Port commemorates historic day for commuters

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State Senator Anna Kaplan spoke at Port Washington's LIRR train station Wednesday afternoon, commemorating its historical significance with a green plaque installed to her right, pictured left.

An event of historic significance was commemorated at Port Washington’s Long Island Rail Road train station last Wednesday: 123 years ago, to the day, the first train to New York City departed.

LIRR officials joined the Cow Neck Peninsula Historical Society and local elected representatives in celebration, along with the grandson of the engineer who drove the first train in 1898.

A plaque commemorating the first LIRR service in Port Washington was unveiled.

Chris Bain, president of the society, spoke at the event, calling June 23 the most pivotal date in the history of the village.

“If you wanted to go into the city, you had to hire a horse,” Bain said. “But that changed when they extended the tracks from Great Neck into Port Washington.”

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The viaduct crossing Manhasset Bay, which connects the two peninsulas, still carries commuters at their highest elevation on the Long Island Rail Road system.

Judi Bosworth, supervisor of the Town of North Hempstead, gave remarks at the event. She was joined by an impersonator of Henry Thomas Dodge.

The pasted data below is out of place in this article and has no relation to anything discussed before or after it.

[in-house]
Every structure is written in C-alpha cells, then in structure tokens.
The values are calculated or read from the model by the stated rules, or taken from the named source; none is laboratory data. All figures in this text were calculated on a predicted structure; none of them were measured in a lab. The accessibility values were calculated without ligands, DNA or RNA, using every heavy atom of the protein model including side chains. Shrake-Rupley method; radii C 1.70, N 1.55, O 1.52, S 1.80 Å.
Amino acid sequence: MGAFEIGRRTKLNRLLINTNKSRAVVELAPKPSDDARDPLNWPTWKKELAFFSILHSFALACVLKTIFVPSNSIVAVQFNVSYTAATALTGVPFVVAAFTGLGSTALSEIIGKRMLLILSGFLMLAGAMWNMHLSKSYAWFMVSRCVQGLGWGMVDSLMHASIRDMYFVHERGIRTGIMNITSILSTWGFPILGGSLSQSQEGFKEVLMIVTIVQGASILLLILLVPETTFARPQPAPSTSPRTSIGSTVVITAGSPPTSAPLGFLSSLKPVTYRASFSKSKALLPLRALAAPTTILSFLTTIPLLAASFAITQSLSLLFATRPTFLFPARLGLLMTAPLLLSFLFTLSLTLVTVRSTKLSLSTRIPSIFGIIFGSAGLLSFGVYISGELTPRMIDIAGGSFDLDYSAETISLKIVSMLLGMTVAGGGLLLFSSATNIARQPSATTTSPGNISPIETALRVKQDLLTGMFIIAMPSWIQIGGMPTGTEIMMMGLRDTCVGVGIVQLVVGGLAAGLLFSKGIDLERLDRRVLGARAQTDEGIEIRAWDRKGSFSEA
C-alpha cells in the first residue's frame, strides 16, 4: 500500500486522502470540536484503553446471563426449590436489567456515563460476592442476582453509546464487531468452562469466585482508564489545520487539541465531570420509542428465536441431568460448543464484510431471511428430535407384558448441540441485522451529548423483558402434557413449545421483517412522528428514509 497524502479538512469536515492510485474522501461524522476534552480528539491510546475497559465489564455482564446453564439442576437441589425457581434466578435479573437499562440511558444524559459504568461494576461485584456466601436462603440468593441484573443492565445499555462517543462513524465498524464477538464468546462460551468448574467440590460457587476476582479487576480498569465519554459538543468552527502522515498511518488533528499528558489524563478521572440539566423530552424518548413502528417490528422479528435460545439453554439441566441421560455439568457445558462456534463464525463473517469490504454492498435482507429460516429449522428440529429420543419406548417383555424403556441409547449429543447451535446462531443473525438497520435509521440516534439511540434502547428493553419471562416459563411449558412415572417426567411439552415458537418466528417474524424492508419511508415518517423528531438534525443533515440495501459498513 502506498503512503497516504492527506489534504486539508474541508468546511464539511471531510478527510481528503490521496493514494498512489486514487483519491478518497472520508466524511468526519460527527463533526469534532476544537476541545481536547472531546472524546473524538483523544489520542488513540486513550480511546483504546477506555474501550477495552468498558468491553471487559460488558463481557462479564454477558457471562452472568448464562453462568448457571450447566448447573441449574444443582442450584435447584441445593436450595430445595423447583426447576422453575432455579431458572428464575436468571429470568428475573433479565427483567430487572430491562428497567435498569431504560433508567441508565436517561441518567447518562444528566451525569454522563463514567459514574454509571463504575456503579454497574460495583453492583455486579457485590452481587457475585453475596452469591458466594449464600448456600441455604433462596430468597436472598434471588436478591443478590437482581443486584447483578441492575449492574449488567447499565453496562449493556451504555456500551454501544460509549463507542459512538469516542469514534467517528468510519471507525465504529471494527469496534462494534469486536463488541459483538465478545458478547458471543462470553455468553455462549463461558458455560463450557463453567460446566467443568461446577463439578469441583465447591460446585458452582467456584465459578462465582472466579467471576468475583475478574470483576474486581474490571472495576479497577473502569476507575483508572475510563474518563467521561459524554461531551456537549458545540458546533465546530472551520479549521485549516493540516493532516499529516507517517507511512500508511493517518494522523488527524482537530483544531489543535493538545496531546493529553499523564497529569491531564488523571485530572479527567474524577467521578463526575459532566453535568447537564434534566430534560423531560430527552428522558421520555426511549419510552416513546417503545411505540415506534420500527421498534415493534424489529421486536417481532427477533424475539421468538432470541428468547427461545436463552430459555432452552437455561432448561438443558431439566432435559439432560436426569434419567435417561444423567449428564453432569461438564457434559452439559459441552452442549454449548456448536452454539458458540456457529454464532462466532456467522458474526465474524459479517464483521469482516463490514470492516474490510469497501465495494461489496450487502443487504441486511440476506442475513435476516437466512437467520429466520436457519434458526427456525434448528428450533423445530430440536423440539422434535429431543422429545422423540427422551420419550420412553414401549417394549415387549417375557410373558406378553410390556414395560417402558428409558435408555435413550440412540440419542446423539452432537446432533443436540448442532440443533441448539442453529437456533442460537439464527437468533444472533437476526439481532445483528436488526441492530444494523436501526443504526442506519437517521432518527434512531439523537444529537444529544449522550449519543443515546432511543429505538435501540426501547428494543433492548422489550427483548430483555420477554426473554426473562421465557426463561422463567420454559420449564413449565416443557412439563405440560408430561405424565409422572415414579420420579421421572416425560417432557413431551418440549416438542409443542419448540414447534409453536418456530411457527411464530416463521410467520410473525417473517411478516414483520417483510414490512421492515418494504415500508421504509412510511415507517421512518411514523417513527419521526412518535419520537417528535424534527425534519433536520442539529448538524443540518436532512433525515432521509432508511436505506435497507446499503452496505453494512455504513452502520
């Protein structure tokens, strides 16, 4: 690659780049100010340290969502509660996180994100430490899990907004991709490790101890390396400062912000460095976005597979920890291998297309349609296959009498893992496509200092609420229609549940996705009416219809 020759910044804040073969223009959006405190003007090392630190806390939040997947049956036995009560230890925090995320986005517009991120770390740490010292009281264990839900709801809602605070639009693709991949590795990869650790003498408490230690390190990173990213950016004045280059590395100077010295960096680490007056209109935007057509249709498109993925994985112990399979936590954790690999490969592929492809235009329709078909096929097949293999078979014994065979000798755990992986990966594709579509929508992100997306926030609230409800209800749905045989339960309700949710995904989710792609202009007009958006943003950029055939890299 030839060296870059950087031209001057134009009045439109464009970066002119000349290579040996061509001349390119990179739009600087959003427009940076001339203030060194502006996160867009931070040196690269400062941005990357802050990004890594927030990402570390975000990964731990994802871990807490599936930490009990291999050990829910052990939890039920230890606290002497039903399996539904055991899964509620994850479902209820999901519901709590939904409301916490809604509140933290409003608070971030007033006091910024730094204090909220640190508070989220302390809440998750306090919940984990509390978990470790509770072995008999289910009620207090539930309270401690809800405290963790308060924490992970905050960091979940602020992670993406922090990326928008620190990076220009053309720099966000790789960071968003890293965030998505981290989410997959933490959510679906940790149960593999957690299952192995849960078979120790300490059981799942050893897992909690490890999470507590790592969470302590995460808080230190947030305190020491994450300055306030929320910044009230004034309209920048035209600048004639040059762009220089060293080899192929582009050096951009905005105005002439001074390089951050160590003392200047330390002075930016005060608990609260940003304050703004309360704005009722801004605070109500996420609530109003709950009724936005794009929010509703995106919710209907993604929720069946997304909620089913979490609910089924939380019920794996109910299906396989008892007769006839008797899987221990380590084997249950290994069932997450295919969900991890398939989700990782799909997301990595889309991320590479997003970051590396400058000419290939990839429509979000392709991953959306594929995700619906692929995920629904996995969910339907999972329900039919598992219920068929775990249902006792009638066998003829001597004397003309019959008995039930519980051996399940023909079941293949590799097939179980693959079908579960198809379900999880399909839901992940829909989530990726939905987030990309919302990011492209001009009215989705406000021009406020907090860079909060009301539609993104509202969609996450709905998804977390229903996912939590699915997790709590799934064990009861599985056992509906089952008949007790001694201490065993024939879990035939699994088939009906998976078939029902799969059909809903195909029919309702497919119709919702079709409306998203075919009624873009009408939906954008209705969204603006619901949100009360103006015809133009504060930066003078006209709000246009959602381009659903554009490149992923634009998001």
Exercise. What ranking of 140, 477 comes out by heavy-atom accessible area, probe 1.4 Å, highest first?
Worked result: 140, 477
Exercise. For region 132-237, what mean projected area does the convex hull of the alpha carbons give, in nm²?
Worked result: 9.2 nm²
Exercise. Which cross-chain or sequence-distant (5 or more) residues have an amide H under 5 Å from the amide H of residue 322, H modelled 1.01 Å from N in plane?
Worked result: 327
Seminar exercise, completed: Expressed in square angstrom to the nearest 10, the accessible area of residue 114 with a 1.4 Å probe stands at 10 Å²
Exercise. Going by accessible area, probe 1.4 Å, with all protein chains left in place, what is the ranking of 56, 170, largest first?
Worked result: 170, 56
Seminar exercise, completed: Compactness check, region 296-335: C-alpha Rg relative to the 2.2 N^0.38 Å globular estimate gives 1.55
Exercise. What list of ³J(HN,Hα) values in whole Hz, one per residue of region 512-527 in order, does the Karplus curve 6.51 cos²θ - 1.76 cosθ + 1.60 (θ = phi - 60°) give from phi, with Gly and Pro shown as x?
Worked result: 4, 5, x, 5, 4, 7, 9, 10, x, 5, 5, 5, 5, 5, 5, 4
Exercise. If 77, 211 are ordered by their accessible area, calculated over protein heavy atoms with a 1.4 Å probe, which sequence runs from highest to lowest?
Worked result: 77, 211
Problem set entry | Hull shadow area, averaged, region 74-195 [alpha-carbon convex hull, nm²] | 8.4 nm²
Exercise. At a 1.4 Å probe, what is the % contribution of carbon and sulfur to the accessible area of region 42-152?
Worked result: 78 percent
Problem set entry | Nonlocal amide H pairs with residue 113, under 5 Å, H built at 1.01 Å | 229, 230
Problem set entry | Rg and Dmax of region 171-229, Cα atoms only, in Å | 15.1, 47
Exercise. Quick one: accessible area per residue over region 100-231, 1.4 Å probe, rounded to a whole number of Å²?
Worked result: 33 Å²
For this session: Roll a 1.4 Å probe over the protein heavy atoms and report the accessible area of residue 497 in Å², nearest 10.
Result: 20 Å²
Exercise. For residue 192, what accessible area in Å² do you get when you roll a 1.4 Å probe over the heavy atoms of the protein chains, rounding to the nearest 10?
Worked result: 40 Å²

“I find if close my eyes, I almost feel like I’m back in that time,” Bosworth said. “And that didn’t happen by accident. That happened because of the great people of Port Washington, who have lived here for generations, who understand the importance of keeping our history intact.”

Assemblywoman Gina Sillitti, who represents the 16th District, spoke of her love for history. Her husband has been a resident of the town all his life.

“What happened all those years ago totally transformed here,” Sillitti said. “Put Port Washington on the map.”

“I like to think of what it was like back then,” Sillitti said. “Taking that first railroad car into the city.”

Luckily, Sillitti didn’t have to think too hard. Also speaking to the audience was an impersonator of Henry Thomas Dodge, who speculated how visitors traveling on the new rail line would affect his town’s nearly 300 homes and 1,400 residents.

“Some of them may even like what they see here enough, to consider living in Port Washington and traveling to New York City every day to their jobs,” Dodge said. “Imagine that.”

The celebration came as the MTA continues construction on East Side Access, an $11 billion venture to connect all 11 branches of the Long Island Rail Road with Grand Central Terminal. The project is expected to open for public use in December 2022.

But for Henry Thomas Dodge, it was still 1898, when there was rumor of building a bridge across the East River that would connect trains to a station on 45th Street.

“Can you imagine boarding a train right here behind me and not leaving the coach, until you were on Manhattan Island?” Dodge said. “Amazing.”

An earlier version of this article incorrectly identified the grandson of the train engineer as Henry Thomas Dodge.

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